Grover Beach Elementary School’s International Festival kicked off Friday morning with a special tribute that Principal Juan Olivarria didn’t expect.
The school’s teachers filed onstage, unfurled a large banner dotted with students’ signatures and sang, “Mr. O is wonderful,” to the tune of “It’s a Small World.”
“I had no idea that was coming,” Olivarria said later. “It was a big surprise.”
Olivarria — or Mr. O, as he’s widely known — is one of two dozen teachers, principals and other credentialed and support staff who will retire from the Lucia Mar Unified School District at the end of the school year.
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The list of retirees includes 10 teachers: Cosima Hopper of Dana Elementary; Alma Quesnel of Fairgrove Elementary; Jacquelyn McChesney and Stephen Scudder of Harloe Elementary; Cathy Dahl-Kunkel of Lopez High; Linda Brichetto and Mary Treinen of Nipomo Elementary; Ben Davis of Nipomo High; Mike Turner of Shell Beach and Branch Elementary; and Robyn Metchik, drama teacher at Nipomo High and Paulding and Mesa middle schools.
Lopez High Principal Christine Granados is also retiring after 11 years with the district, including the past five at the high school. She’s spent her career working with “at-risk” youth, first at county court and community schools and then as the Lucia Mar district’s at-risk coordinator.
At Lopez High, she’s “maintained the school quality that already existed,” including retaining its accreditation status from the Western Association of Schools and Colleges. In 2010, the high school was recognized for the third time as a model school by the state Department of Education.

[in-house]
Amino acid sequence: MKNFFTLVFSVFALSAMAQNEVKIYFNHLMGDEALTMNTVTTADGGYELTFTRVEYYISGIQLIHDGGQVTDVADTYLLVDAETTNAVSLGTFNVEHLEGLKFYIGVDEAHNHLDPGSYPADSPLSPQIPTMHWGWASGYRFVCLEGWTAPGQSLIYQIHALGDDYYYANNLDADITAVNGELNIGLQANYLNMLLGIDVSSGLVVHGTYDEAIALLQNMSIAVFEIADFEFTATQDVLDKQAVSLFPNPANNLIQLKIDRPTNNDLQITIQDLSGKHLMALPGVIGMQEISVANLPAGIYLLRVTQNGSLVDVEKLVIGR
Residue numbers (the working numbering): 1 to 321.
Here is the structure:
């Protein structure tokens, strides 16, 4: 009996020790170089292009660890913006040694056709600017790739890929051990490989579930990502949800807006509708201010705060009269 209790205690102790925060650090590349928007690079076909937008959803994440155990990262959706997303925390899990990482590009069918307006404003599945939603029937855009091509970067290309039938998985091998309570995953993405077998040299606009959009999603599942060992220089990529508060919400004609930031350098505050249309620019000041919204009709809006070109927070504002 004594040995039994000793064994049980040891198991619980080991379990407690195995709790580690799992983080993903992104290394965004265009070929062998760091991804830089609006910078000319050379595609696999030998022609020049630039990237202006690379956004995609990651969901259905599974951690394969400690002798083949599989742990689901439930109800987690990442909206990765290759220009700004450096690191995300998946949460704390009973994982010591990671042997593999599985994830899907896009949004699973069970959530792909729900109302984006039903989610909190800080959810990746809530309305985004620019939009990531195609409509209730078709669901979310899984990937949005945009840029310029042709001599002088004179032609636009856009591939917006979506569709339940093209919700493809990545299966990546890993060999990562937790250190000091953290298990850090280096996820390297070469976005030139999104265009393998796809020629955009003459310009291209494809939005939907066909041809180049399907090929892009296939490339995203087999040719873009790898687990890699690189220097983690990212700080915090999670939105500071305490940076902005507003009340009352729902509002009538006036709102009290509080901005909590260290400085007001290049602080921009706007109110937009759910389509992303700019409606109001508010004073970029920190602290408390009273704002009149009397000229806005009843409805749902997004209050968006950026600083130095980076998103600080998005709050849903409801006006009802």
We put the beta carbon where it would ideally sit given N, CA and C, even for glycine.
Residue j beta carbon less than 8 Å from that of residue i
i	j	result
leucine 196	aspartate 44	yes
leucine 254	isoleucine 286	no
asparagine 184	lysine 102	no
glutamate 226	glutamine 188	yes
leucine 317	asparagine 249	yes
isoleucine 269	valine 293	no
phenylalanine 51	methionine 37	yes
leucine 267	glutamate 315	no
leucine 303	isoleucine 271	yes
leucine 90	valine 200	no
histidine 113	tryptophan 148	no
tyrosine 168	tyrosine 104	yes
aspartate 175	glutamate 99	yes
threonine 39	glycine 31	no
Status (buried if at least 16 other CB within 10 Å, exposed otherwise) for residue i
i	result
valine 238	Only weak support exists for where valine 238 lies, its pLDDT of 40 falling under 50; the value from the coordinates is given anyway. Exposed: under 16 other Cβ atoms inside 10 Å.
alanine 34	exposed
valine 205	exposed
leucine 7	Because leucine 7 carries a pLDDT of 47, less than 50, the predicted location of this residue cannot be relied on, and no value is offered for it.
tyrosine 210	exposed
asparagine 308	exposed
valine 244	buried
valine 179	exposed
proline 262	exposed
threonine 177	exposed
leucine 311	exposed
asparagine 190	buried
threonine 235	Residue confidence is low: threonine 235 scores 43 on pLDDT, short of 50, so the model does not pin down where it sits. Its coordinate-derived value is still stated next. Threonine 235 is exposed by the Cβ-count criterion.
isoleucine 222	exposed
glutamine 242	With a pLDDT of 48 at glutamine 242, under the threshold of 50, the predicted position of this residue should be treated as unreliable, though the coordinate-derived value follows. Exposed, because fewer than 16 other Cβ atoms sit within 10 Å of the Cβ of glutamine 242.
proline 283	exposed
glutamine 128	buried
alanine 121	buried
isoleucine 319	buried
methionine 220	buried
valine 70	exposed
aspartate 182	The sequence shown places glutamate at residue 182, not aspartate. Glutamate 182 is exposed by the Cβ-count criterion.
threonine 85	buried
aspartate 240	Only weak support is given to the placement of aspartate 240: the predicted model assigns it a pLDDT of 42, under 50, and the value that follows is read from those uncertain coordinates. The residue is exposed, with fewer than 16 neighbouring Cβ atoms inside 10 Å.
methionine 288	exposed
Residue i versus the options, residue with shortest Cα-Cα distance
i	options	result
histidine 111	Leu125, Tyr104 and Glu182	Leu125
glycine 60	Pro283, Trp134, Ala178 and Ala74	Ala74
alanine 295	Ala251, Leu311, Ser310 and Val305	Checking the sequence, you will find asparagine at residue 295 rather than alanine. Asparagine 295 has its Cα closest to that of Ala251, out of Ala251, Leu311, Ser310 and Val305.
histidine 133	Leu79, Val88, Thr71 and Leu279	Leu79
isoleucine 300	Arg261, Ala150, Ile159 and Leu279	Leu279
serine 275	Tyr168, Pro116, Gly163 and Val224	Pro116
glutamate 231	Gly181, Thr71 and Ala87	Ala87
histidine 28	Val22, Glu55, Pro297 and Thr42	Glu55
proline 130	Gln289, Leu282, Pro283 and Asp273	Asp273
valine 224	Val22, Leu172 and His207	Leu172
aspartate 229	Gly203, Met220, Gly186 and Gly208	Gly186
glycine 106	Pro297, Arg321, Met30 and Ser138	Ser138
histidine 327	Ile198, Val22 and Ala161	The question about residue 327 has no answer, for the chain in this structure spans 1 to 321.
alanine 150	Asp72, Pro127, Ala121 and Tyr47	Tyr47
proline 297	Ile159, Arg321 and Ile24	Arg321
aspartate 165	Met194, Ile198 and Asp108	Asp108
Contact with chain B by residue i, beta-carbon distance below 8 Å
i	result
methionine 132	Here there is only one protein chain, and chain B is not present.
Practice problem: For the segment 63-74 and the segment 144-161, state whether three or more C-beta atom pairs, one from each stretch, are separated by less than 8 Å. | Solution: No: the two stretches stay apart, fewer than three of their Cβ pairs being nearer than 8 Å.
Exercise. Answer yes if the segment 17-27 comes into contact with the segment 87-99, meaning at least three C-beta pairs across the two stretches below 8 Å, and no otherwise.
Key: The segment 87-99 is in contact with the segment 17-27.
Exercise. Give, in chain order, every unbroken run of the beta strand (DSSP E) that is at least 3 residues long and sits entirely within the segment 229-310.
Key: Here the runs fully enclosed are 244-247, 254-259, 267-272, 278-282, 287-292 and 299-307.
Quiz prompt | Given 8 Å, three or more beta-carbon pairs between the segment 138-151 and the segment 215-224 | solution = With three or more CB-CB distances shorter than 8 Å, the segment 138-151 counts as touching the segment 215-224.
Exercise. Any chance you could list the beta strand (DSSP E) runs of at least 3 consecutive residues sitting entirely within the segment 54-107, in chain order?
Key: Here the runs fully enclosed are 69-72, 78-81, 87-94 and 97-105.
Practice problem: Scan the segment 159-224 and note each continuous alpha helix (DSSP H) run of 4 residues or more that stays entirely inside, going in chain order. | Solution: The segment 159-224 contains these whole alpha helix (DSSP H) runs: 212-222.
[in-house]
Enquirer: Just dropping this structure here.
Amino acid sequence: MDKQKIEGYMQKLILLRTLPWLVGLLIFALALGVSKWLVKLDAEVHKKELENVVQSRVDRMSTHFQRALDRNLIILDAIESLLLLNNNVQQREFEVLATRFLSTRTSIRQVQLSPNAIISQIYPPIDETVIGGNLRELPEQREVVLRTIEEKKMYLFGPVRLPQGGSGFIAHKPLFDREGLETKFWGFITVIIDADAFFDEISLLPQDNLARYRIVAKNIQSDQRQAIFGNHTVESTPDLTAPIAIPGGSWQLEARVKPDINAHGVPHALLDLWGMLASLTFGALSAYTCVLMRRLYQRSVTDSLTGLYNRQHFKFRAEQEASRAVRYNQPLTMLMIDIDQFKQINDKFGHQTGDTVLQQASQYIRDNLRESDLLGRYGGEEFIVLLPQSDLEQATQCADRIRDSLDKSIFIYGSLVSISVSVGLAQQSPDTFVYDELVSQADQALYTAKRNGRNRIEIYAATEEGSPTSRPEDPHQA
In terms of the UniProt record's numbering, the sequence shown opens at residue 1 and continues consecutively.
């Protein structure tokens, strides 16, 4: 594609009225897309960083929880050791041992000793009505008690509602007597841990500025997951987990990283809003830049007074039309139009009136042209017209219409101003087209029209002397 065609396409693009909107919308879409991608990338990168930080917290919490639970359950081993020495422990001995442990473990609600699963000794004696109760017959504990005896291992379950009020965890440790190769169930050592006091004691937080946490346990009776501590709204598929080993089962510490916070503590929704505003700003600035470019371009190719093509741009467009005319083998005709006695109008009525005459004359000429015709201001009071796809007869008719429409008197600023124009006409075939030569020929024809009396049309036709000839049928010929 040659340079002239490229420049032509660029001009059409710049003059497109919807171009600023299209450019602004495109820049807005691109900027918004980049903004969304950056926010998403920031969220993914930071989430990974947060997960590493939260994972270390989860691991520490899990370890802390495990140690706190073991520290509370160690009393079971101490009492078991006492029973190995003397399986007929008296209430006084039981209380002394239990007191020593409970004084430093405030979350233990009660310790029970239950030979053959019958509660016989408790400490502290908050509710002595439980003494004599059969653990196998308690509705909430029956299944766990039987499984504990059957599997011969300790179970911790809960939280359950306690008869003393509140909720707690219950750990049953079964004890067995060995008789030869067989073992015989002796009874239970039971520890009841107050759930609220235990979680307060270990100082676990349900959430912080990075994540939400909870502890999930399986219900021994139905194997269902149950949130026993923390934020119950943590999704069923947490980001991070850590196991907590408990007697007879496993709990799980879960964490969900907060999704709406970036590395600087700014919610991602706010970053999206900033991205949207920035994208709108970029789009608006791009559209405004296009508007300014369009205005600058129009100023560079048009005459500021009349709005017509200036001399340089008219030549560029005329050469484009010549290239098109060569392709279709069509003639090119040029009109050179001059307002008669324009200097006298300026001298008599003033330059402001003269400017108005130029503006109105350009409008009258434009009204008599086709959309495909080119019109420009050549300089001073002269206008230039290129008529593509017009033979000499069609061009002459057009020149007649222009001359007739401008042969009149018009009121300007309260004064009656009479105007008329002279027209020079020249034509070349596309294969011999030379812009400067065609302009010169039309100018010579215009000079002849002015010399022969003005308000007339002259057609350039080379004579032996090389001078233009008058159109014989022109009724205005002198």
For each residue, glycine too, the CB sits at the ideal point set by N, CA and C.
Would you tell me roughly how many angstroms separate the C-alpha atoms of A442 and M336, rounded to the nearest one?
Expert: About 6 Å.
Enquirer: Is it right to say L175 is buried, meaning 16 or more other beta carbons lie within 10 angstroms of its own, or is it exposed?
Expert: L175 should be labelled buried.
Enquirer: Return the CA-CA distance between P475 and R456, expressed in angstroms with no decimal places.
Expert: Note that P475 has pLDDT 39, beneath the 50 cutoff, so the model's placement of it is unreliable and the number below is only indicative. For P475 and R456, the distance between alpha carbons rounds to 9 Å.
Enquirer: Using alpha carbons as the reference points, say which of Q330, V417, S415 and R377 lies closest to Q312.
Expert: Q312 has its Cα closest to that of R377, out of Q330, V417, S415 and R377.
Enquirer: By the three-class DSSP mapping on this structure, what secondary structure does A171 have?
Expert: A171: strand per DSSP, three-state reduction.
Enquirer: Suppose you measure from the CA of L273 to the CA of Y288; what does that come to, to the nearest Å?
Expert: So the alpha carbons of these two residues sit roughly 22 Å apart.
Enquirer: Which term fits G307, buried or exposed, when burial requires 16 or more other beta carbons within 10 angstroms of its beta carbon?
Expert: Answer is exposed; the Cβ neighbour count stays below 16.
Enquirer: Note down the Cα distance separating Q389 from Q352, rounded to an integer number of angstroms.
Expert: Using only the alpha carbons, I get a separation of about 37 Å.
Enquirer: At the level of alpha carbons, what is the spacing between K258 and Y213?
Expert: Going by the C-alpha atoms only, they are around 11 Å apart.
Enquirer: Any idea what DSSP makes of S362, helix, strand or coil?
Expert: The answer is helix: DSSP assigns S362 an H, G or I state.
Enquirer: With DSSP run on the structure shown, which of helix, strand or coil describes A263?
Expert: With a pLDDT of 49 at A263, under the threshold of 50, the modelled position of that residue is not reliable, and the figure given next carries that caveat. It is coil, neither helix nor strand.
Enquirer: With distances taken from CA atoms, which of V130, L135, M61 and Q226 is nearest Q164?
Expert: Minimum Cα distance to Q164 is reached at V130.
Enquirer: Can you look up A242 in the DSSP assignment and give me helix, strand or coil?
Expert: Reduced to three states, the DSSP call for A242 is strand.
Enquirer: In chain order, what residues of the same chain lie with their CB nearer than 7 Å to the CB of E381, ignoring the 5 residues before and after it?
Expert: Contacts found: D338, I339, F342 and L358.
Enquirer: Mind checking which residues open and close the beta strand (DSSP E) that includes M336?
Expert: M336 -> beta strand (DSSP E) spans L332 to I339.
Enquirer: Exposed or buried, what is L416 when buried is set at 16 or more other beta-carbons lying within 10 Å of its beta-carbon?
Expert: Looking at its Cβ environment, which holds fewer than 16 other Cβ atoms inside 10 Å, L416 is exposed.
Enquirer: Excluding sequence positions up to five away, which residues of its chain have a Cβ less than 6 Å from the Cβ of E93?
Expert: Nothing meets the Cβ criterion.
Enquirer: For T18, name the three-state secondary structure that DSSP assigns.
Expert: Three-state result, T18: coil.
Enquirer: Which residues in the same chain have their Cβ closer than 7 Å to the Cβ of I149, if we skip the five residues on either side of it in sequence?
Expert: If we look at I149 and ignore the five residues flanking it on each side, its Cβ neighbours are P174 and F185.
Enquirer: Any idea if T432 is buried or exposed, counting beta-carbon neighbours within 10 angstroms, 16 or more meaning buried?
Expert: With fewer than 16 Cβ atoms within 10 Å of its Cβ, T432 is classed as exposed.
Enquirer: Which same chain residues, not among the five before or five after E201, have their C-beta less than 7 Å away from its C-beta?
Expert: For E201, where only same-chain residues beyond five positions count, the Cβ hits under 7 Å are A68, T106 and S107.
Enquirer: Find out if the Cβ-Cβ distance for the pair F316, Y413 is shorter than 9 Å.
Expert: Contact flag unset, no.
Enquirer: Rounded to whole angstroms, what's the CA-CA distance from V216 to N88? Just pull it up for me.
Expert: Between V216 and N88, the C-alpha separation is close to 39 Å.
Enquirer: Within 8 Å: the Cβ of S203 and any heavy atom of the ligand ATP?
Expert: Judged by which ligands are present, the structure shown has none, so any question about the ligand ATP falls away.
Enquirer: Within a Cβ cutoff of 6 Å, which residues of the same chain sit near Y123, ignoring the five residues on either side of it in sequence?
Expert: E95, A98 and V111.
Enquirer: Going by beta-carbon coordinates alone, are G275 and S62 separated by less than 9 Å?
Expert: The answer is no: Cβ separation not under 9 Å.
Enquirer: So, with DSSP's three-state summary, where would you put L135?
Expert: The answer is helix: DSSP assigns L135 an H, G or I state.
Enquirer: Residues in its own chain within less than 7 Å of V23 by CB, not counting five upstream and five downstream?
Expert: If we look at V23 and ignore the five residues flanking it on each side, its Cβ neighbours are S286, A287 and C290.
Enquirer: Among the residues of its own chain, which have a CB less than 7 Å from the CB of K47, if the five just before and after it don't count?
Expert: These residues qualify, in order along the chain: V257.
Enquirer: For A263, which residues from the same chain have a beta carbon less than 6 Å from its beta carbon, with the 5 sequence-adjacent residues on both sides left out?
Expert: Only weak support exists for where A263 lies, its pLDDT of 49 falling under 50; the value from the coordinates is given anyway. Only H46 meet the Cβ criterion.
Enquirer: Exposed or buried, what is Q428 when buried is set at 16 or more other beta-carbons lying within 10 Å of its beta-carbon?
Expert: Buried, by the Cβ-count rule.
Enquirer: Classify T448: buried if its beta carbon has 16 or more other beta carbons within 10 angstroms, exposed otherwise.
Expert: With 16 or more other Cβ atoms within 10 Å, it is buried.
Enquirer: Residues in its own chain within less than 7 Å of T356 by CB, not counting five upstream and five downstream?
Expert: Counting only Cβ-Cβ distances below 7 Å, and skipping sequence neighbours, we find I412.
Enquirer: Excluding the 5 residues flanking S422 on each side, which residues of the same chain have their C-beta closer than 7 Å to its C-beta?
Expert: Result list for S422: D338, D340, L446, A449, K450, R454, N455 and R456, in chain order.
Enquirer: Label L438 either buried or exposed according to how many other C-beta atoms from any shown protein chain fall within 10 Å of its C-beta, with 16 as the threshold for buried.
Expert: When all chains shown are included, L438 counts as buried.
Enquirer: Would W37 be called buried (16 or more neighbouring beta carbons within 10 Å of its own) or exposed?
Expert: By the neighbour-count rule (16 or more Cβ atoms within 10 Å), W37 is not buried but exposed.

“Lopez is a family; the kids feel that from the day they walk in the door,” said Granados, 61. “The school as a whole does a great job for students and the community.”
Nine of the outgoing employees have worked more than 20 years for the district, and three, including Olivarria, Dahl-Kunkel and Treinen, have spent more than three decades there.
“I look back at my years, and I’ve never had a bad year,” said Olivarria, who started teaching in 1976 at what was then called Grover City Elementary and later was principal of Dana and Harloe elementary schools.
“There’s something rewarding about seeing a school community come together and work together for the benefit of children,” he added.
Olivarria, 61, has been principal of Grover Beach Elementary since 2008, where he’s supported efforts to beautify the campus with murals; worked with staff to pull the school out of “program improvement” status (which happens when a school doesn’t meet federal growth targets for specific groups of students); and overseen the beginning of an international baccalaureate program, which will incorporate more technology, fine arts and Spanish into the students’ curriculum.
The Grover Beach City Council recently recognized Olivarria with a proclamation for his 36 years with the district.
“Juan is the complete package,” said Andy Stenson, the district’s assistant superintendent of curriculum. “He’s great with kids, great with staff, great at school culture. If you stand next to Juan when school is letting out, he knows every kid’s name.
“He makes those personal connections with kids that you can’t train into a principal.”
Cynthia Lambert and Gayle Cuddy write the South County Beat column on alternating Wednesdays. Reach Cynthia Lambert at 781-7929. Stay updated by following @SouthCountyBeat on Twitter.